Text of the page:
Endangered B.C. killer whale believed dead, dropping population to 75

The Center for Whale Research, based Friday Harbor, Wash., says a southern resident killer whale known as L92 is presumed dead.

The Center for Whale Research says a southern resident killer whale known as L92 is presumed dead.

L92, also known as "Crewser" and estimated at 23 years old, has not been seen with his pod for two months. (Dave Ellifrit/Center for Whale Research)

Researchers say they believe another endangered orca has died off British Columbia's coast.

The Center for Whale Research, based in Friday Harbor, Wash., says a southern resident killer whale known as L92 is presumed dead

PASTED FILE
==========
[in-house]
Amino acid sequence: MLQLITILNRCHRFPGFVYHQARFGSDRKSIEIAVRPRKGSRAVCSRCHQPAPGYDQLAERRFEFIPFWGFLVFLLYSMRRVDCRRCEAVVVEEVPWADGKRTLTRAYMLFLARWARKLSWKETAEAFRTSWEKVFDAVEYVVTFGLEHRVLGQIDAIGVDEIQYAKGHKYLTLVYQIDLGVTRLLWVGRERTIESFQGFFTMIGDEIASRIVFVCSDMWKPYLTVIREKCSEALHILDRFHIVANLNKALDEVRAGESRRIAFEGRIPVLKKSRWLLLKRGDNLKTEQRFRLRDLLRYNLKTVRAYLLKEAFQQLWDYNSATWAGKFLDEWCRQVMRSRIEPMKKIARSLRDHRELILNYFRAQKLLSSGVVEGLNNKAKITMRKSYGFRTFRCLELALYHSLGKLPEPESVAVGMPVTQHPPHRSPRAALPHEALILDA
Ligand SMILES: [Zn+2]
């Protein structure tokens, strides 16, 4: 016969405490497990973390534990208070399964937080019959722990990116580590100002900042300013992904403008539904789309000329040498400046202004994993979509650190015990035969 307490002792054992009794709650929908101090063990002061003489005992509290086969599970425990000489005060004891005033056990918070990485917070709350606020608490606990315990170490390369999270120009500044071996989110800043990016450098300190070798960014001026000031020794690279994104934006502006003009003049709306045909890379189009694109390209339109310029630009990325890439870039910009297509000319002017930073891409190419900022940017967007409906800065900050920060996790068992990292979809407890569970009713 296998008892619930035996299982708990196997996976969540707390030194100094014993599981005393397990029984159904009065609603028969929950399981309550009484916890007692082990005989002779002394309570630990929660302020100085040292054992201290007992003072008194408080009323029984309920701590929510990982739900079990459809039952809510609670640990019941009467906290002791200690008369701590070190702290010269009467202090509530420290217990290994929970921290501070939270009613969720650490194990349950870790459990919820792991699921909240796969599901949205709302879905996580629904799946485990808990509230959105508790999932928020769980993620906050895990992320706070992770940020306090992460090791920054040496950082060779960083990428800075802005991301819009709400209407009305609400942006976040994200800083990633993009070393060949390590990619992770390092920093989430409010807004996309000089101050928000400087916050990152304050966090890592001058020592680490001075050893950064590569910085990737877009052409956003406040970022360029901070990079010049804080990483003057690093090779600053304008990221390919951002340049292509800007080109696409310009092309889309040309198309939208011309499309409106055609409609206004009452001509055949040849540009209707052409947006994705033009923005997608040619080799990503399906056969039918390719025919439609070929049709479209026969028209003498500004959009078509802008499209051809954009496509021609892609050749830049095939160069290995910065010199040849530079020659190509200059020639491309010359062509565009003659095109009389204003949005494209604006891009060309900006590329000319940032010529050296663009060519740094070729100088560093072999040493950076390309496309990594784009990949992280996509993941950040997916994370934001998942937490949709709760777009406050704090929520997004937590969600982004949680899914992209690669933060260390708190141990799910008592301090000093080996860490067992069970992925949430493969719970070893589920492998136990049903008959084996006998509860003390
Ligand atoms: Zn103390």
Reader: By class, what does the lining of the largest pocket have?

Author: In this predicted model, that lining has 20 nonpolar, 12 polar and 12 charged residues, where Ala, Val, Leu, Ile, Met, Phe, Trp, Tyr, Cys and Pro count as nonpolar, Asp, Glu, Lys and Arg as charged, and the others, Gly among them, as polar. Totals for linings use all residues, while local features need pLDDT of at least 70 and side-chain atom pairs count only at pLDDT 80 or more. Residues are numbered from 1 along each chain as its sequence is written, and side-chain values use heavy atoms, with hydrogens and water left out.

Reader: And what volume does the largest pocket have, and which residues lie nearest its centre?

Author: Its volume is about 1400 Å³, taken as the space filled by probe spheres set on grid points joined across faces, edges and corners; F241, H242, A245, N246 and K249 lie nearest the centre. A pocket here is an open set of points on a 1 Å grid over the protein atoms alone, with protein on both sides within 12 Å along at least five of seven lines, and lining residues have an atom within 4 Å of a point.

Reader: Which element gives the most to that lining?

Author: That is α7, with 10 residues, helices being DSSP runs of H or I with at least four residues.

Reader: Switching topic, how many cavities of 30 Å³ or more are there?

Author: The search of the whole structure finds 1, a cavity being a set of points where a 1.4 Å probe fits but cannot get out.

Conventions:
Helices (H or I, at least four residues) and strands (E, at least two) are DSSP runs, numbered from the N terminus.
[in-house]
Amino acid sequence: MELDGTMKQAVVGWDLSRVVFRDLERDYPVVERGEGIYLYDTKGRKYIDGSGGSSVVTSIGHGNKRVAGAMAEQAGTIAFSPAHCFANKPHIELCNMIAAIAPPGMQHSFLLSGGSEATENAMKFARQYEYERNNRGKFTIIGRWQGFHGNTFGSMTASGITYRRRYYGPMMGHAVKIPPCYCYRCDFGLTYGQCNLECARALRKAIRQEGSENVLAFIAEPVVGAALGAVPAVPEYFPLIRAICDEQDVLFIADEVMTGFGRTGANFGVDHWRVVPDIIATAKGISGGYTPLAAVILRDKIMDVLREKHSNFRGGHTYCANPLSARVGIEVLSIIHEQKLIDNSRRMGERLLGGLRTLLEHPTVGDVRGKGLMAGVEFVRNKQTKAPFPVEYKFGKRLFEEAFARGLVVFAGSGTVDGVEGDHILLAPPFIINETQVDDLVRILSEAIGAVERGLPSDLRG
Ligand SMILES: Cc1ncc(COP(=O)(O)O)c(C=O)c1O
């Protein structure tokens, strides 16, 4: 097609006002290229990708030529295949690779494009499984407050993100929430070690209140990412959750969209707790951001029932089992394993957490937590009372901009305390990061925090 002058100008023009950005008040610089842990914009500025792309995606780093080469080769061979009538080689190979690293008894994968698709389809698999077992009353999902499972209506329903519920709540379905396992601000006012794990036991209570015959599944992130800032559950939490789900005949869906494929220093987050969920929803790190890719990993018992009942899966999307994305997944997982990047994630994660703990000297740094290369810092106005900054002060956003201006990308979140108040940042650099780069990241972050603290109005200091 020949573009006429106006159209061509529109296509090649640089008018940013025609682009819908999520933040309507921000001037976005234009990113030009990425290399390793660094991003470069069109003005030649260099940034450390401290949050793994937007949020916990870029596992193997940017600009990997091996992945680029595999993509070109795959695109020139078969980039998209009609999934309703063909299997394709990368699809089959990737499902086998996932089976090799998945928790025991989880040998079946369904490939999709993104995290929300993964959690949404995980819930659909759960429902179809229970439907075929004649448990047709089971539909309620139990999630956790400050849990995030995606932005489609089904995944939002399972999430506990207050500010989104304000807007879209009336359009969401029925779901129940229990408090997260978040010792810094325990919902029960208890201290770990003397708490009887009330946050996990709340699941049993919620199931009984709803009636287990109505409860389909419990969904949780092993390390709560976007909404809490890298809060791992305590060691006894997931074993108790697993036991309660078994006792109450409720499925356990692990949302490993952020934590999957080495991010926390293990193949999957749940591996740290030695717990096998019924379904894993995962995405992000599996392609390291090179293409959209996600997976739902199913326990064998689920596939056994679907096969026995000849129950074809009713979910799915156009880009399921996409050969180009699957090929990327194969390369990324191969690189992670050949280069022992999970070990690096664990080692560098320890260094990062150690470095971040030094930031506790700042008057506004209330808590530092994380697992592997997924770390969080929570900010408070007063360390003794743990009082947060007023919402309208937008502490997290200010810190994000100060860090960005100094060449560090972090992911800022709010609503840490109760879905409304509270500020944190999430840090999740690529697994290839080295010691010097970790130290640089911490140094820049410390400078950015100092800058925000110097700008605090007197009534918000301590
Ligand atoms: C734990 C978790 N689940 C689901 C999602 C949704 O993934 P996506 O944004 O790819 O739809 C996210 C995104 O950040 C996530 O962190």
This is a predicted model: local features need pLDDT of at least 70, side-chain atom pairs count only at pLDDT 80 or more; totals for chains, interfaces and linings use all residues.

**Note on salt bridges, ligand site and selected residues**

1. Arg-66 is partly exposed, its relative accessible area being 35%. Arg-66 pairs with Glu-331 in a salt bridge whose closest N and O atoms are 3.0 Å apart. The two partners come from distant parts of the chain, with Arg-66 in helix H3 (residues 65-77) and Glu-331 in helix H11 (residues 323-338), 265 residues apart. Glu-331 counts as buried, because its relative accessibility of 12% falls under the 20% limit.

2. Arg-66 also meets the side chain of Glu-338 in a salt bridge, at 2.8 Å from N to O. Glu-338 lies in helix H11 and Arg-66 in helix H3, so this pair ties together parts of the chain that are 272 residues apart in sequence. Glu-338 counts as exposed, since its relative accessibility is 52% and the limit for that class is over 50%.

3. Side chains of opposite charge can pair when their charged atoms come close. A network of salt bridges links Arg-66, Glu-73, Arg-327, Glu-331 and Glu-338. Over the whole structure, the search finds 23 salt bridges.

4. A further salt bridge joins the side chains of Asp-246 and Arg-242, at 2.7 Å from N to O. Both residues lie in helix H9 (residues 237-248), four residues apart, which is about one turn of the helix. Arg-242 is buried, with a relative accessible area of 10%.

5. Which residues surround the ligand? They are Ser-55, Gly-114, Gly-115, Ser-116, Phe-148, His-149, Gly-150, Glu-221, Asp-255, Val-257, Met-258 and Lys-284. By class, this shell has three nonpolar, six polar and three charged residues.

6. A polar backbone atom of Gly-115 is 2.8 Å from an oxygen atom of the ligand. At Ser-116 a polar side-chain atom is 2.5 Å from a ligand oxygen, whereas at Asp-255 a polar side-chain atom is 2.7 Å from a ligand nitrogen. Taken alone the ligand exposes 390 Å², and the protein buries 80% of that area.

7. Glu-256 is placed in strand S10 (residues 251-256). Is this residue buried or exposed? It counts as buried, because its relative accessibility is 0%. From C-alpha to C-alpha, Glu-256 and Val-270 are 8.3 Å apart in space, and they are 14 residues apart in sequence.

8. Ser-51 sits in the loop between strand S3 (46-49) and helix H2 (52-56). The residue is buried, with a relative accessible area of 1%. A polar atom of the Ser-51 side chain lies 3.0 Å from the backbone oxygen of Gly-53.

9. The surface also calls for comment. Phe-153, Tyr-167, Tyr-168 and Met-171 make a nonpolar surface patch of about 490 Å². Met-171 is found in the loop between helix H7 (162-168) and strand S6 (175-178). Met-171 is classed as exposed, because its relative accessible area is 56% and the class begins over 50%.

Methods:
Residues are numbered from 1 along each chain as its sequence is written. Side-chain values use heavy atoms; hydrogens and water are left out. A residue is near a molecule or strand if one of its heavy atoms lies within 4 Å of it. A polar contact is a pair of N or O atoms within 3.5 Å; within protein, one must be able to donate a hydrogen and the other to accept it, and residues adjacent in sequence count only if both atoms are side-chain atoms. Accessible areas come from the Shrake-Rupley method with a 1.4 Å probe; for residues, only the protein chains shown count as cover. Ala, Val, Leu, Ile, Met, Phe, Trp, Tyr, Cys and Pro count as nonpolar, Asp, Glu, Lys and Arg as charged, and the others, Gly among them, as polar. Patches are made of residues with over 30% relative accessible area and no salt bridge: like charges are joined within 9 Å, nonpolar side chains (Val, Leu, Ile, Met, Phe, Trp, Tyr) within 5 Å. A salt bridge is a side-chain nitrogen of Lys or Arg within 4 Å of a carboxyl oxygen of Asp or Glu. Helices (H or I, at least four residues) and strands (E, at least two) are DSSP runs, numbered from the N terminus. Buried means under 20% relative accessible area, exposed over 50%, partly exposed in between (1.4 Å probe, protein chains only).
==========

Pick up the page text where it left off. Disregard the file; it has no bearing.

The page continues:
The loss of L92 brings the total number of southern resident killer whales down to 75, which is the lowest count since the early 1980s.

'Crewser'

The population has dropped by eight members since 2016, despite a baby boom at that time that gave some researchers optimism about their recovery.

L92, also known as "Crewser" and estimated at 23 years old, has not been seen with his pod for two months. 

The research centre says the whales have been spending fewer days in inland waters in recent years, a trend that parallels a decline in the abundance of Fraser River chinook salmon runs.


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